Kieran’s Our City, Our Town Article,
Cork Independent, 28 May 2015
Sweet Charity at the Firkin Crane
Diving into directing Sweet Charity, the musical at the Firkin Crane (4-7 June) has brought enormous and exciting challenges. It goes without saying that a rich vein of musicality runs underneath our city. Cork’s DNA embraces the promotion and development of music as an artistic discipline to be developed and one that brings a community together to engage with it and appreciate it. The city in musical theatre terms is particularly blessed by several stage schools, small and large, who promote amongst our young people creativity, skill development, education, performance, community building and audience development, and the charity of sharing their craft, amongst other important traits.
Building an amateur musical society in our city is inspired by many elements – the work of schools such as CADA and Montforts (and others) under great school directors such as Catherine Mahon Buckley and Trevor Ryan, those who teach and thread the boards in the warren of rooms of the Firkin Crane, the work of the Cork School of Music, Cork Opera House and the Everyman Palace and musicians and directors such as the late Bryan Flynn, John O’Connor, Joe C Walsh and John O’Brien, to name a few, whose work I admire. All have engaged with drama, various musical genres, musical theatre and all forms of opera in bringing to the Cork masses high levels of entertainment which the city can be proud of and all add to the canon of Cork being an ongoing European Capital of Culture. Such personalities and more have done so much for music and drama education over many years in our city. It is amazing what has been created on the dark canvasses of Cork stages. For my part, over the years I have been inspired by the latter individuals and schools.
Amateur musical societies are multiple in nature up and down the country. All bring their local communities together under a volunteer and charity umbrella – collaborating and bringing people together to create an outlet for people and to put drama, music and all ultimately form a key cultural vein within towns and villages. Fermoy, just a few miles to the north of our fair city, can boast 90 years of musical theatre shows and is the oldest society in the country. Macroom has also fared well through the past number of years. Meanwhile Cork has had many starts and stops over the last few decades.
The creation of an amateur musical society brings together many strands but in particular focuses on the aspect of community building and the promotion of musical theatre amongst adults and the idea of inclusivity and self- development for all who wish to engage with it. Establishing a society, producing and funding a musical, and building an audience has brought its own adventures. The road to-date has brought challenges and inspiration plus the innate power in these.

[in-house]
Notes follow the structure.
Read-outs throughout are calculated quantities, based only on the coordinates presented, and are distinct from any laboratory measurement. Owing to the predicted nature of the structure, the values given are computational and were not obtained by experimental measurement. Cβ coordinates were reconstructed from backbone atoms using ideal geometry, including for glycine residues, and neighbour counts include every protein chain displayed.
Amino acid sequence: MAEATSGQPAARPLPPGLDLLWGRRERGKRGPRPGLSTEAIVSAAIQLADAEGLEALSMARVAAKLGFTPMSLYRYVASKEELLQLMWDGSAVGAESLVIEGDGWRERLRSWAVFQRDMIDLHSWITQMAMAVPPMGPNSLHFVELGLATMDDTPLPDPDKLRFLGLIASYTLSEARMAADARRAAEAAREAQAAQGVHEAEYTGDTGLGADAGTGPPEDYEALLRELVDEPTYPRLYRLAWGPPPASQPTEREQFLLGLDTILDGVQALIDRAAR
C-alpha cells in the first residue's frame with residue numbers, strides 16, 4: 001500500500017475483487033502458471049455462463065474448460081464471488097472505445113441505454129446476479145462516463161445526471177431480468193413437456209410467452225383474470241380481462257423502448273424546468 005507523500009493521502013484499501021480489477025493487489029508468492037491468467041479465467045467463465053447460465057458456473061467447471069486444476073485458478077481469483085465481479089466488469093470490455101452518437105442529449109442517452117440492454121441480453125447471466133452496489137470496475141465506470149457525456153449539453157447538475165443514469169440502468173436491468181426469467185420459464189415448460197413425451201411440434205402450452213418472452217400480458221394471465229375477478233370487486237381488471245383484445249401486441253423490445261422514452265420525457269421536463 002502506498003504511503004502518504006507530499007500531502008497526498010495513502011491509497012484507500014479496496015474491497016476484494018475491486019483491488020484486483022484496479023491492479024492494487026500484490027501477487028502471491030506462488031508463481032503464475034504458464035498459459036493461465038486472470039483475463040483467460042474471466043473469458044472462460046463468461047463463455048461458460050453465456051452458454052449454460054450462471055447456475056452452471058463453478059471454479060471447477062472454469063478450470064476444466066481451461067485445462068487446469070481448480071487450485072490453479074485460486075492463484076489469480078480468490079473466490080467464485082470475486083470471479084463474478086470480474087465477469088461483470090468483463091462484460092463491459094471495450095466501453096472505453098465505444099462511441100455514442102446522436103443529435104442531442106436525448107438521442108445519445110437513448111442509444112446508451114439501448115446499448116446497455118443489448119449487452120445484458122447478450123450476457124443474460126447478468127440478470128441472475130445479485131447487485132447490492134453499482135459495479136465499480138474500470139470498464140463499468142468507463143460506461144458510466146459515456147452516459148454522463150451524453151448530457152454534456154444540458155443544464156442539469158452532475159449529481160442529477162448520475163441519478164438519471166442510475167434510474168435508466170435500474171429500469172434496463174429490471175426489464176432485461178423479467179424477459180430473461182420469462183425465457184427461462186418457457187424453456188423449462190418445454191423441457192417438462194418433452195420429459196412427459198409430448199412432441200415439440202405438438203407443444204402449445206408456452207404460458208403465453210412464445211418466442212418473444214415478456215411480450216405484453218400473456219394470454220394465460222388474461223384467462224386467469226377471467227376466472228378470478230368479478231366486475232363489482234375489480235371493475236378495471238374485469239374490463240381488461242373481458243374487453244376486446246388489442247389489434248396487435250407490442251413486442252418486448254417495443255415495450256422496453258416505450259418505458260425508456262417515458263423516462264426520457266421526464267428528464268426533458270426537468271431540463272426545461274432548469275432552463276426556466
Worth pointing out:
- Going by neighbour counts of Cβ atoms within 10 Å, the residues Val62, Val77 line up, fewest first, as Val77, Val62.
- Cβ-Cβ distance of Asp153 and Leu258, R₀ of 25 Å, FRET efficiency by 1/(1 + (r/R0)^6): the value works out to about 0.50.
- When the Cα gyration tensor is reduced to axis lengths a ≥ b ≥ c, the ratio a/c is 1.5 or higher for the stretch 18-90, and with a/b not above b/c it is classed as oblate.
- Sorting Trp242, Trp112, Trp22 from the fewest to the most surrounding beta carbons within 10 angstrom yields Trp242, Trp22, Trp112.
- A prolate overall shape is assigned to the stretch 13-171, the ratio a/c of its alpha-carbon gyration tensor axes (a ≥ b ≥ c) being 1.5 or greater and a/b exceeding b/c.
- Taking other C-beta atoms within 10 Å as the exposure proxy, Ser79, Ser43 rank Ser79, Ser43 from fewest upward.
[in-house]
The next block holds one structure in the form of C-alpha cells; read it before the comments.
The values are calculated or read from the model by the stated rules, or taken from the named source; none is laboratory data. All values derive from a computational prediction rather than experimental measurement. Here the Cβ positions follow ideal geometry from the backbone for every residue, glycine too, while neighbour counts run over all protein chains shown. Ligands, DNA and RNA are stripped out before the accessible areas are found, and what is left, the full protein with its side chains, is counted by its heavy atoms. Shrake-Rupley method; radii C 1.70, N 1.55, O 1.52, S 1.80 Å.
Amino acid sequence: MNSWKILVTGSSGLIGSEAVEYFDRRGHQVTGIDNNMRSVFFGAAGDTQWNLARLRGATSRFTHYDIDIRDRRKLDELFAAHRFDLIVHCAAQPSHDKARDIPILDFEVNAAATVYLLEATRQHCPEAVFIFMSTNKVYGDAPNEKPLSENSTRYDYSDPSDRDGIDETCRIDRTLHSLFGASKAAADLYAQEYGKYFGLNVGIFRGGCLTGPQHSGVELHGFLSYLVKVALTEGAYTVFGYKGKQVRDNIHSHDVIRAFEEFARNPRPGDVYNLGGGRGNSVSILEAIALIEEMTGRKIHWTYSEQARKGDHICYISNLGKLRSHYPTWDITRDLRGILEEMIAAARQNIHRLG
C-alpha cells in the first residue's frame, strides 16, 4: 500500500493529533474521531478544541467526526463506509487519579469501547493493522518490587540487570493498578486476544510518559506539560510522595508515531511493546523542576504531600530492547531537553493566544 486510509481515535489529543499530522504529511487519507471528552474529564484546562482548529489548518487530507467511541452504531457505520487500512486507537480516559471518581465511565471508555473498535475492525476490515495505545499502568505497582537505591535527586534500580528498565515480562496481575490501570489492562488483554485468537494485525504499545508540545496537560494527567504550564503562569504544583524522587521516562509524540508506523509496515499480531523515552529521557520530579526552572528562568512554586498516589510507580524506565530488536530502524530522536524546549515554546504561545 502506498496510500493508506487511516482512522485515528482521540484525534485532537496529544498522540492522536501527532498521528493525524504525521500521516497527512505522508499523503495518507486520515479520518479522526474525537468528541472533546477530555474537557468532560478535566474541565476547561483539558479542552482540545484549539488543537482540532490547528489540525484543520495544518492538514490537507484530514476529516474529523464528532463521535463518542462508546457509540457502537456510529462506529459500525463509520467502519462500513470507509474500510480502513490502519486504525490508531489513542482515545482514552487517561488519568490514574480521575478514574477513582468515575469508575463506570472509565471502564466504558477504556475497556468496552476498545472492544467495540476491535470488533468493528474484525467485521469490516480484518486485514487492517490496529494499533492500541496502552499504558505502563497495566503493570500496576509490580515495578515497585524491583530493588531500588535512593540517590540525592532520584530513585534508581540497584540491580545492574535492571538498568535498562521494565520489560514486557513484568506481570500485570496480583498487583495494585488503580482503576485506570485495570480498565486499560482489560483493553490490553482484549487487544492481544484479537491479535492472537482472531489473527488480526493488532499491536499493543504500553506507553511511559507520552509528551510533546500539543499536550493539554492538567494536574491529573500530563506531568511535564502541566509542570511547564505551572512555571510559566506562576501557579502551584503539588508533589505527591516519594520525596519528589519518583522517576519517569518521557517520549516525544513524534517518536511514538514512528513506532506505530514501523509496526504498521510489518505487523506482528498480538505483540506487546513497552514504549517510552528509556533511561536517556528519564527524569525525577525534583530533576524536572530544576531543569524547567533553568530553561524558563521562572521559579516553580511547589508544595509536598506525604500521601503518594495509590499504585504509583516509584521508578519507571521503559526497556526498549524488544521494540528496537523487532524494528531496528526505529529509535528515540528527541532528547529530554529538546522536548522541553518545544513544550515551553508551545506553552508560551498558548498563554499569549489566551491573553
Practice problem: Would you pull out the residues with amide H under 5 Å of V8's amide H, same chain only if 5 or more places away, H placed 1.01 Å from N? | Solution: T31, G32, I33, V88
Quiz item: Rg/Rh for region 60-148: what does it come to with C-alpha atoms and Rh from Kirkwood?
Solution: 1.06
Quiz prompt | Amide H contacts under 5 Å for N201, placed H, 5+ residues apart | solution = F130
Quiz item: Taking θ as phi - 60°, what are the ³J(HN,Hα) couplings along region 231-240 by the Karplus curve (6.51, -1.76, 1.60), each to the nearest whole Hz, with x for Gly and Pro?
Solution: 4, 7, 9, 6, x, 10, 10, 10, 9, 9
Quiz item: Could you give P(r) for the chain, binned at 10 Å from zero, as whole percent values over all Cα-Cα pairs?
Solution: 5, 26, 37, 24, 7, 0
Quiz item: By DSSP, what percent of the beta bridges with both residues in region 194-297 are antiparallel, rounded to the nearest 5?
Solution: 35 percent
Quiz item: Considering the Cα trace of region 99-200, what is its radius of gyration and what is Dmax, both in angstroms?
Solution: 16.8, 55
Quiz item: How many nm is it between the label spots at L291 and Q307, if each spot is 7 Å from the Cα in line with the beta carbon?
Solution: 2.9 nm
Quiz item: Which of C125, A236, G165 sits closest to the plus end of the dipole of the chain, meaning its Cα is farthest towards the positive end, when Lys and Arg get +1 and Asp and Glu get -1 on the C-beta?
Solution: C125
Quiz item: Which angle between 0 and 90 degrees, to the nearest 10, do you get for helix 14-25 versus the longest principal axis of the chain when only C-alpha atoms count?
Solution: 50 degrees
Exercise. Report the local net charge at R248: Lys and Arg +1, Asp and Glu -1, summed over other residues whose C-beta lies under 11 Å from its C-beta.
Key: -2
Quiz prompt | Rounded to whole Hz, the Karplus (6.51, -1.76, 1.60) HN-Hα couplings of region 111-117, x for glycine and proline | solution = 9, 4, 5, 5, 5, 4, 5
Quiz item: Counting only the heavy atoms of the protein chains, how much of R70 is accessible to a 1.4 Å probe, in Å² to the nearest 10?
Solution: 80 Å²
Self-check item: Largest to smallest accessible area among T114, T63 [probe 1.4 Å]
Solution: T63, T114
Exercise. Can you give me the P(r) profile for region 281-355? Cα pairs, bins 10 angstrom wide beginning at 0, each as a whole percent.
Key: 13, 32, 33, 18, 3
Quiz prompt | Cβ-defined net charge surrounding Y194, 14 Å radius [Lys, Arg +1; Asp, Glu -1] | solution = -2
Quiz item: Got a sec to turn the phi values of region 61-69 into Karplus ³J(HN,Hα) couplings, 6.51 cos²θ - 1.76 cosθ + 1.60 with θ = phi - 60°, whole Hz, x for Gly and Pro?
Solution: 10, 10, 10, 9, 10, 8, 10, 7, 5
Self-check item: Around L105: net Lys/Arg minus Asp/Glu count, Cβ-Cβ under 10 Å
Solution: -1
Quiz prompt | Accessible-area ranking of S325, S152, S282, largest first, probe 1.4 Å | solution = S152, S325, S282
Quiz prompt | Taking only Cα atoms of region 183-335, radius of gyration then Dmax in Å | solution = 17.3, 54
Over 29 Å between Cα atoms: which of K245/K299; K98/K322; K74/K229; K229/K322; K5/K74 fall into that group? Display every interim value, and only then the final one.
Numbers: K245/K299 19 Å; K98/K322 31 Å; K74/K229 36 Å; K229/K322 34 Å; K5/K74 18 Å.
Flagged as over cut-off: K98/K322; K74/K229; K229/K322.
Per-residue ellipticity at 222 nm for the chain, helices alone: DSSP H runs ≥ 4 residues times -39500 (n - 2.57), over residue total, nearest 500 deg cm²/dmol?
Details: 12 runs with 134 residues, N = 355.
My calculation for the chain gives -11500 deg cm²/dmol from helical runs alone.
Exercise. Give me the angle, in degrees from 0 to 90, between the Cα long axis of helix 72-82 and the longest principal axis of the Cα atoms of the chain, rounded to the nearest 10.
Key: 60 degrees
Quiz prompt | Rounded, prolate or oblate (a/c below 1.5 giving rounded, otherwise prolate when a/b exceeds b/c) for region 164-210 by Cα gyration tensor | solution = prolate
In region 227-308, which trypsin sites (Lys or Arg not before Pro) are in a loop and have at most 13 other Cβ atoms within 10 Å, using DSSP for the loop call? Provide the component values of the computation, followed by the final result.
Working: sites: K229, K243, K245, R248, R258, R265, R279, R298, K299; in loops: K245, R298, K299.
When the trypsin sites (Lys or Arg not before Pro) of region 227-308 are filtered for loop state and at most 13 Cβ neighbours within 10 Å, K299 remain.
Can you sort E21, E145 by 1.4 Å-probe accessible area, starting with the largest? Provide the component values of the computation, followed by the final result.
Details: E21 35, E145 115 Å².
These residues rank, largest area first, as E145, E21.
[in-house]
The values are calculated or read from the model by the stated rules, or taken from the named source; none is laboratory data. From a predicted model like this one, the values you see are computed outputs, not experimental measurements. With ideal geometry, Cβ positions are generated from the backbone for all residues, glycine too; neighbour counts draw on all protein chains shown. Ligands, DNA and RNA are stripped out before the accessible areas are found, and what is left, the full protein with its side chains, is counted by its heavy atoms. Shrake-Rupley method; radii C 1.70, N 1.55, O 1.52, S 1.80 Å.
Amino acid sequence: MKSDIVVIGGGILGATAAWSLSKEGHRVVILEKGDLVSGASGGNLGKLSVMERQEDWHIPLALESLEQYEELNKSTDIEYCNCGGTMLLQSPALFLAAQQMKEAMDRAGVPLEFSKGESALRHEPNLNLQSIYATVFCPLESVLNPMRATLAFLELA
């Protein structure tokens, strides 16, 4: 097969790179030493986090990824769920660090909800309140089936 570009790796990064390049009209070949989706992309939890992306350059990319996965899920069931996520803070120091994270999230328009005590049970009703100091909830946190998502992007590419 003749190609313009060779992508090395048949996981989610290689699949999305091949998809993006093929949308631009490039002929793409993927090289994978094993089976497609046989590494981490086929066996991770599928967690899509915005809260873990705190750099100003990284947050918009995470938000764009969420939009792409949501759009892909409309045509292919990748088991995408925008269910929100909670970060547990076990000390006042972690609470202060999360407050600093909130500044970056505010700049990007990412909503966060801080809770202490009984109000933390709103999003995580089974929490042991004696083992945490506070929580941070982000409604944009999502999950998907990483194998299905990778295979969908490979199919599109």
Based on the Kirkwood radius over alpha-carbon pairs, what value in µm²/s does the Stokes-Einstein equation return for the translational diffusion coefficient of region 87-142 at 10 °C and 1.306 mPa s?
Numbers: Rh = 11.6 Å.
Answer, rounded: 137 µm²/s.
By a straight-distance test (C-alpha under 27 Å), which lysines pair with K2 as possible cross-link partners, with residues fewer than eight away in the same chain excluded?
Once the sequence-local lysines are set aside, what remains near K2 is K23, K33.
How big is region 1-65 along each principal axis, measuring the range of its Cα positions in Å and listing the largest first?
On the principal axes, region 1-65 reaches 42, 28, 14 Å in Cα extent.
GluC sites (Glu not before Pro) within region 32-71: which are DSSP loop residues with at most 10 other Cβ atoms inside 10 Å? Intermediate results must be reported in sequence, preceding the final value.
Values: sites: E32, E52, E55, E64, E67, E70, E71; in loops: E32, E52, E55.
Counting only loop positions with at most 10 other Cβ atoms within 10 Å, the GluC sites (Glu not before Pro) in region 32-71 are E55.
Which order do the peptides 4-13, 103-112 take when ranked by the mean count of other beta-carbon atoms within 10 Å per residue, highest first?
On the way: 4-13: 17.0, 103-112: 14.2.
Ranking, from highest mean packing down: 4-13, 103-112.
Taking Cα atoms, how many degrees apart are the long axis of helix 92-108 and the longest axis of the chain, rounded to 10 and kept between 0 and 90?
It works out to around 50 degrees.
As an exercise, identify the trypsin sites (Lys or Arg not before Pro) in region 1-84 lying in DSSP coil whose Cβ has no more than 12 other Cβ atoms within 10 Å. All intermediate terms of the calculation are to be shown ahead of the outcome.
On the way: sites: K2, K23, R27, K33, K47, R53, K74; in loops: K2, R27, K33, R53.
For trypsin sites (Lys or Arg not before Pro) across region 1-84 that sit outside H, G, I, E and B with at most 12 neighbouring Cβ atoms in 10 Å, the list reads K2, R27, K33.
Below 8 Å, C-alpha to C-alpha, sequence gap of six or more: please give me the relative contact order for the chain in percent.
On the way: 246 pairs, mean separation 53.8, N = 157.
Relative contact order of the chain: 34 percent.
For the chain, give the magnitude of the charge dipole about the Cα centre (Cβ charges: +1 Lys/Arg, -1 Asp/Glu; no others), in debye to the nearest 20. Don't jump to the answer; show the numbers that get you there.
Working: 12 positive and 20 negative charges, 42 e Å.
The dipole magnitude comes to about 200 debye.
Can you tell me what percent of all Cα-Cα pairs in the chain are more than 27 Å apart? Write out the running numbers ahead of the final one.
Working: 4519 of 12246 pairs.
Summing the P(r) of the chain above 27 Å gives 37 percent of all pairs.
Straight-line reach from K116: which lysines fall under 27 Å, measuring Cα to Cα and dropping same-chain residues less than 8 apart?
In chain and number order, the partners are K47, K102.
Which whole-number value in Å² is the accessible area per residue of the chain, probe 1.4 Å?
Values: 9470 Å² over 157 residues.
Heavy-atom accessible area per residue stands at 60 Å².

The idea of bringing ideas and people together and charity of heart also pervades our first musical. I chose Sweet Charity for a multitude of reasons, not least for some of Cy Coleman’s well known numbers such as Big Spender and Rhythm of Life but also for its story. I am a firm believer that everyone has a story to tell. Sweet Charity in the opening sequence presents ‘the story of a girl who wanted to be loved’ – such a sentiment can be applied to all of us and not just Charity. Indeed fitting in, finding oneself, wanting to belong to something pervades all our lives, which makes Charity’s adventures universal in their themes. She wears her heart on sleeve but for all that Charity is a tough cookie and as the song at the end of act one declares, she is the “bravest individual” that the male lead character of Oscar has ever seen. We as an audience get to spend time with this brave individual as she negotiates the advice of her friends, goes off on tangents and contemplates the questions and actions of the quirky characters who she encounters in the various scenes along the way. Dorothy’s Cross’s book and script allows us to access Charity’s thought processes and questions on life. Bob Fosse’s choreography allows us to see the rigid and fun sides of characters as he moves the narrative onwards through the various scenes. His “machine”, amongst other ideas, allows us to contemplate the 1960s industrial age and the universal machinations and the rigidity of many people’s lives.
Building this piece of work brought together many collaborators. I am particularly indebted to Paul McCarthy and Ann Rea of the Firkin Crane; it is the Firkin Crane with whom this production is a part fundraiser for. David O’Sullivan, our musical director has brought the sweeping jazz and sassy score alive whilst Aileen Coffey has framed Bob Fosse’s choreography whilst bringing her own mark in reframing the power of dance and storytelling. I am also indebted to a very hard working cast and Yvonne Coughlan (production manager) for her professionalism and insights. I have a long thanks list on the programme for Sweet Charity. Come along to the Firkin Crane, Shandon, support Cork City Musical Society, 4-7 June, 8pm, tickets (e.20) from the office at 0214507487 or www.firkincrane.ie.
794a. Ensemble call with Shannon Hurley (Charity) and Patrick Kirwan (Oscar) & Sweet Charity ensemble (pictures: Miki Barlok)
794b. Charity played by Shannon Hurley and Helene played by Angela Newman, part of the Sweet Charity cast